Racial justice is preoccupying many religious leaders. As in too many other cities across the country, protests erupted in Charlotte last fall following the fatal police shooting of an African-American man. As clergy we are called to help our congregations who want to deepen their understanding of systemic issues of racism. Some of this education can occur inside our sanctuaries and social halls, and some requires building relationships across racial and religious differences outside our synagogue walls.
Dr. Martin Luther King and Rabbi Abraham Joshua Heschel learned that lesson well. They first met on January 14, 1963 at a Conference on Race and Religion in Chicago where they both were speaking and coincidentally quoted the exact same text from Amos (5:24) calling for “…justice [to] roll down like waters.” That moment sparked a friendship that would move them to stand together in countless other cities and settings and would inspire generations of advocates for justice to embark on a similar path of civic engagement.
This model of building relationships across racial and religious differences led me last week to participate in a Deep South pilgrimage with two churches (even though I had just visited Alabama for a Civil Rights trip with a group of women from the Jewish Federation three months before). I traveled to Atlanta, Selma, Montgomery, Birmingham, and Memphis with Charlotte’s Mayfield Memorial Missionary Baptist Church which is a predominantly African-American church and Myers Park Baptist Church, a liberal largely white church. The clergy who lead both these congregations are my partners in social justice work of our city. When I first spoke of joining them, my colleagues immediately acknowledged the legacy of Rabbi Heschel and the historic place of Jews in the fight.
What was it like to go on a Deep South pilgrimage with a black and a white Church?
It was a journey of connection and building relationships. Each morning on the bus we sang freedom songs and pondered questions with a new person sitting next to us: “When was the first time you learned about the Civil Rights Movement?” or “What calls you to be here today: scripture, story or relationship?”
It was a journey of understanding another’s memories of pain. As we drove through Lowndes County, Alabama, through which the Selma-to-Montgomery March passed, Dr. Peter Wherry, Pastor of Mayfield, asked us to reflect on the fact that every tree could have been the execution place of an African-American soul, every stream could be where someone fled in fear seeking to clear the scent so that they would not be found by the police and their dogs chasing them, and every field could have been that of a sharecropper or a tenant farmer working for no wages. When we visited the museum capturing the tent cities where these sharecroppers lived after they had been kicked out of their homes and off their fields for registering to vote, the items on display there were not history but our African-American travel partners’ memories.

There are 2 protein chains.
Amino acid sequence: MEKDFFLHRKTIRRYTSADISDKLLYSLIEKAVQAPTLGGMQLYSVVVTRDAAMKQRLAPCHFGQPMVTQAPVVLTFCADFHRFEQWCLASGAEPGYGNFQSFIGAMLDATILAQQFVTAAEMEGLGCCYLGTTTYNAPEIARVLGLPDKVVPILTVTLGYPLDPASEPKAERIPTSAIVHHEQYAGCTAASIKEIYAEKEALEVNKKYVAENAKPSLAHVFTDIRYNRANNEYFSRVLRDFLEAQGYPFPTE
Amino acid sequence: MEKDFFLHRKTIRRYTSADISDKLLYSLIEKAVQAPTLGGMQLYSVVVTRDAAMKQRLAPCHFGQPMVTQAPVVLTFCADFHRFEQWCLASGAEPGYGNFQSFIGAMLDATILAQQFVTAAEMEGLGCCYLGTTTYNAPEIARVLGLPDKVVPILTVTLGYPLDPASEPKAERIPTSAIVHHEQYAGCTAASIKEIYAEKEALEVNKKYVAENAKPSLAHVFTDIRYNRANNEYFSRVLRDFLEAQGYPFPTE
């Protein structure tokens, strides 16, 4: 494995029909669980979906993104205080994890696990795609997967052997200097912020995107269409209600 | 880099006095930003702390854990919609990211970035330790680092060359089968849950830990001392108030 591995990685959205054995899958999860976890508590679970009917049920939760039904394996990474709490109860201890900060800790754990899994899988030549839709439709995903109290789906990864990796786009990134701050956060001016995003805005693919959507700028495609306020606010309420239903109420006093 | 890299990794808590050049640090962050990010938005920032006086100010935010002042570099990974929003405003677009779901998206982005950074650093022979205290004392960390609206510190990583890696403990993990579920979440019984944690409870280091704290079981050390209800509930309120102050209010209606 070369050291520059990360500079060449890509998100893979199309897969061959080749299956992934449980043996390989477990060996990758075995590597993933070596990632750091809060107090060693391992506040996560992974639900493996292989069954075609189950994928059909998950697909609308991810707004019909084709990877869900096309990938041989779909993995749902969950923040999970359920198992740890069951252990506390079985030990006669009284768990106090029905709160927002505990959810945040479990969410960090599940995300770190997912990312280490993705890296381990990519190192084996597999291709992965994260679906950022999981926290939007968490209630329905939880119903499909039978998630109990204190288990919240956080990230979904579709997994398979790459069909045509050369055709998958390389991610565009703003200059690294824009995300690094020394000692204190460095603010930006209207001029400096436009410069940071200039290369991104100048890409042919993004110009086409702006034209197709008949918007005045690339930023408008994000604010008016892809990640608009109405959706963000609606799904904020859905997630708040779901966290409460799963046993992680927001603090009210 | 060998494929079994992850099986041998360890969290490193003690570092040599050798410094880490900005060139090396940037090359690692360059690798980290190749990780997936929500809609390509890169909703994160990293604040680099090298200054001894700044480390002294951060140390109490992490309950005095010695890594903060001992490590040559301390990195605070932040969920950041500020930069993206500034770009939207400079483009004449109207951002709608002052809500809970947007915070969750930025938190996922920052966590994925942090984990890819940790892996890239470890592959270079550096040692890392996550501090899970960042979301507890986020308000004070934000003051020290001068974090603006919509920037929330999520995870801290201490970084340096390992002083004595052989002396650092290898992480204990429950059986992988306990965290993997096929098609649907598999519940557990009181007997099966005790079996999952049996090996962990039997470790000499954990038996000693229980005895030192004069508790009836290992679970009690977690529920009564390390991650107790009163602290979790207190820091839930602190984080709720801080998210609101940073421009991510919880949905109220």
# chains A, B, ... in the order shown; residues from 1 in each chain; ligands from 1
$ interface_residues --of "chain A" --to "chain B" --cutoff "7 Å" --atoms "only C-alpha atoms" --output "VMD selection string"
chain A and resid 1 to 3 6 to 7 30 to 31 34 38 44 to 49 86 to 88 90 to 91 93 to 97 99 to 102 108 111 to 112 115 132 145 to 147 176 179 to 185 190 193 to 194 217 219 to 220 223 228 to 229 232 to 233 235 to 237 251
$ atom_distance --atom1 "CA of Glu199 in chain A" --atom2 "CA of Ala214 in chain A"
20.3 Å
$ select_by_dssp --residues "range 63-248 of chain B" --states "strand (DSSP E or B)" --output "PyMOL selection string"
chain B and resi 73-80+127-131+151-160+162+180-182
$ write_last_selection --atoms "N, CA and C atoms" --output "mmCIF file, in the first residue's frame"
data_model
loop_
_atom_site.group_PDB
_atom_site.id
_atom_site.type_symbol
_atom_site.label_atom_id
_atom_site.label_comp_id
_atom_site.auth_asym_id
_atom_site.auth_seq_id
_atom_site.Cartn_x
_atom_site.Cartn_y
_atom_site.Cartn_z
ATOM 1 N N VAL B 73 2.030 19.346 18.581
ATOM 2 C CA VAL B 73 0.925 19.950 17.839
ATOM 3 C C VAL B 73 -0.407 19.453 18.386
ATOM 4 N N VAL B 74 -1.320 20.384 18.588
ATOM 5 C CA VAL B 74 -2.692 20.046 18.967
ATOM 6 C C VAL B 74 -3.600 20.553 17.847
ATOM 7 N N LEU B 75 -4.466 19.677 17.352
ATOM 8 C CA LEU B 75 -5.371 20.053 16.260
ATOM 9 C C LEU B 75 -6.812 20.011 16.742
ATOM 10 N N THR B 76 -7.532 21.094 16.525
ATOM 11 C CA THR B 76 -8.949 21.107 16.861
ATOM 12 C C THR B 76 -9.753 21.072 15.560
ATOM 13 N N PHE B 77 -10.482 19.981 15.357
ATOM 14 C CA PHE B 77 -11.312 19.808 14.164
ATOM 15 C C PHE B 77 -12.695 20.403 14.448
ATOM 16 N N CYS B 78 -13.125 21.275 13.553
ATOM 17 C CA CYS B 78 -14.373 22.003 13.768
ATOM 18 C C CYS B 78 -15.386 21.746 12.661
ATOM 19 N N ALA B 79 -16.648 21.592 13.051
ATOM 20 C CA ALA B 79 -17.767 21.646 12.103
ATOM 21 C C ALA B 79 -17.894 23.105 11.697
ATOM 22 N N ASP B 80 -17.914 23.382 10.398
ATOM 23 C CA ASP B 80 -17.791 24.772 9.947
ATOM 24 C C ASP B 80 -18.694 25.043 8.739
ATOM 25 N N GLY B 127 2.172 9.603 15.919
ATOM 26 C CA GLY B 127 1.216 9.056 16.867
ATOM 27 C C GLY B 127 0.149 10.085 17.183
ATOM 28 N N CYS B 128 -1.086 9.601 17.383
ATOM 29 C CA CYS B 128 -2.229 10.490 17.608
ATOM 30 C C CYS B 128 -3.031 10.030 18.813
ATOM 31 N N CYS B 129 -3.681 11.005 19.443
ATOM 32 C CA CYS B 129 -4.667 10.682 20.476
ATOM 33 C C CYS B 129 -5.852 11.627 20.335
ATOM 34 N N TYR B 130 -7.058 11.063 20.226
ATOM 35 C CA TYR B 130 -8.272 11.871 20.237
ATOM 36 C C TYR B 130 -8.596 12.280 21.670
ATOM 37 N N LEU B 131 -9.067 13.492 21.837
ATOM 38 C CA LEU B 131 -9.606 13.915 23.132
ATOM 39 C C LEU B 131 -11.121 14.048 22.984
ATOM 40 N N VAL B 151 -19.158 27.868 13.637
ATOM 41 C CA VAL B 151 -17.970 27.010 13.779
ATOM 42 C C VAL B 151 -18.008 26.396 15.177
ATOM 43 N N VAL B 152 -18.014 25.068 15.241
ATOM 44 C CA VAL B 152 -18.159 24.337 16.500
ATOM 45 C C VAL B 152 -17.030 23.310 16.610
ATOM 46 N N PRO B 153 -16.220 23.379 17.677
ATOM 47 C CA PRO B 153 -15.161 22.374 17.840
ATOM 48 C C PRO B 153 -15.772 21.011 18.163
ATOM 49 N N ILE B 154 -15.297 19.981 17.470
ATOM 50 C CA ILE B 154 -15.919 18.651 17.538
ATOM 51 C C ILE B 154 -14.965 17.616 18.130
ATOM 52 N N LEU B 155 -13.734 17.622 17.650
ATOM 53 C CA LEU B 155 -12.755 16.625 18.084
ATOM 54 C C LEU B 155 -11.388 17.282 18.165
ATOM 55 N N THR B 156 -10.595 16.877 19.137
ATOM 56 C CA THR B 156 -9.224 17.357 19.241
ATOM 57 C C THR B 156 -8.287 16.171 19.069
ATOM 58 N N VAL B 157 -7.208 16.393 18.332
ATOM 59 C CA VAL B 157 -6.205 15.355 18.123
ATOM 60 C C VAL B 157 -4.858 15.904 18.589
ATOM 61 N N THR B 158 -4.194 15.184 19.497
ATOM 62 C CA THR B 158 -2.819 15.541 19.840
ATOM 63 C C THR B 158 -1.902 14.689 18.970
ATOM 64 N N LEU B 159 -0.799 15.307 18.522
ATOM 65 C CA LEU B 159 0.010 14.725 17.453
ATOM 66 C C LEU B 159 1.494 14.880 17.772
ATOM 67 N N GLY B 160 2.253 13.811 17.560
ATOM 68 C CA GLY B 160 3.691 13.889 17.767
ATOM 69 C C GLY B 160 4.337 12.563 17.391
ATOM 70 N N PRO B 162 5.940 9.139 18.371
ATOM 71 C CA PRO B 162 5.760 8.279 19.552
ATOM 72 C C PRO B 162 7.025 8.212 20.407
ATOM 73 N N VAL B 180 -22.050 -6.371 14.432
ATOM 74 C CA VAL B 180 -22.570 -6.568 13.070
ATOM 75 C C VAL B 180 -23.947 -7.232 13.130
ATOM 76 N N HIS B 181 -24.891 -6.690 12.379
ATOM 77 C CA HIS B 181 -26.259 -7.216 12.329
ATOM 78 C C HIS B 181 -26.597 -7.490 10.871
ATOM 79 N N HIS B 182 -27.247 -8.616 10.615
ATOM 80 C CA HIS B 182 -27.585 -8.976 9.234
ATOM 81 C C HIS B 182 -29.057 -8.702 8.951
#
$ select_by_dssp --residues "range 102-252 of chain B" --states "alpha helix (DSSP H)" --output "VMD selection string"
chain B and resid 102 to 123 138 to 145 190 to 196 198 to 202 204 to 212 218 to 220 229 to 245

It was a journey of coming to understand each other’s vision for justice. Together as African-Americans and whites we crowded into the Dexter Avenue Baptist Church Parsonage where Coretta Scott King and her husband lived and their first two babies were born. As the Civil Rights Movement gained traction, the phone calls of hate multiplied– sometimes thirty a day. We saw the remains of where a bomb hit their porch. We stood in the study attached to King’s master bedroom where he wrote. We crowded into the kitchen where Dr. King had a midnight moment of his fear leaving him knowing that whatever his fate would be, his mission of working for equal rights was his calling. Standing together, we recognized that the journey to justice was long and hard then and remains so today. It requires faith.
In some Civil Rights museums, the presence of Jews who partnered in the pursuit of Civil Rights in the 50s and 60s was present, and in other museums their images and voices were painfully absent – written out of history. I shared stories of Jewish freedom riders, the role of our Religious Action Center where critical Civil Rights legislation was written, the thousands of Rosenwald schools established by the Jewish philanthropist in partnership with African-American Southern communities, and the work of Jewish refugee professors at historically black colleges, opening the minds of some of the travelers to history they never knew.
Racial justice is high up on the agenda of many liberal religious denominations in our country. Yet our vision for equality and equity cannot be actualized in isolation – collaboration is required. Social justice and religion happen on the road — in relationships on the streets, in city halls of the community, even in courtrooms where cases are tried. The ladder of congregational civic engagement is rooted in relationships. The rungs expand to include social action, education, philanthropy, advocacy, organizing and being part of a larger movement. Each rung offers our congregants a Judaism that is expressed not only through uttering prayers in the pews but that is lived in the world.
Rabbi Judy Schindler is an Associate Professor of Judaic Studies and Director of the Stan Greenspon Center for Peace and Social Justice at Queens University of Charlotte, and is co-author with Judy Seldin-Cohen of an upcoming book from CCAR Press, Recharging Judaism: How Civic Engagement Is Good for Synagogues, Jews, and America.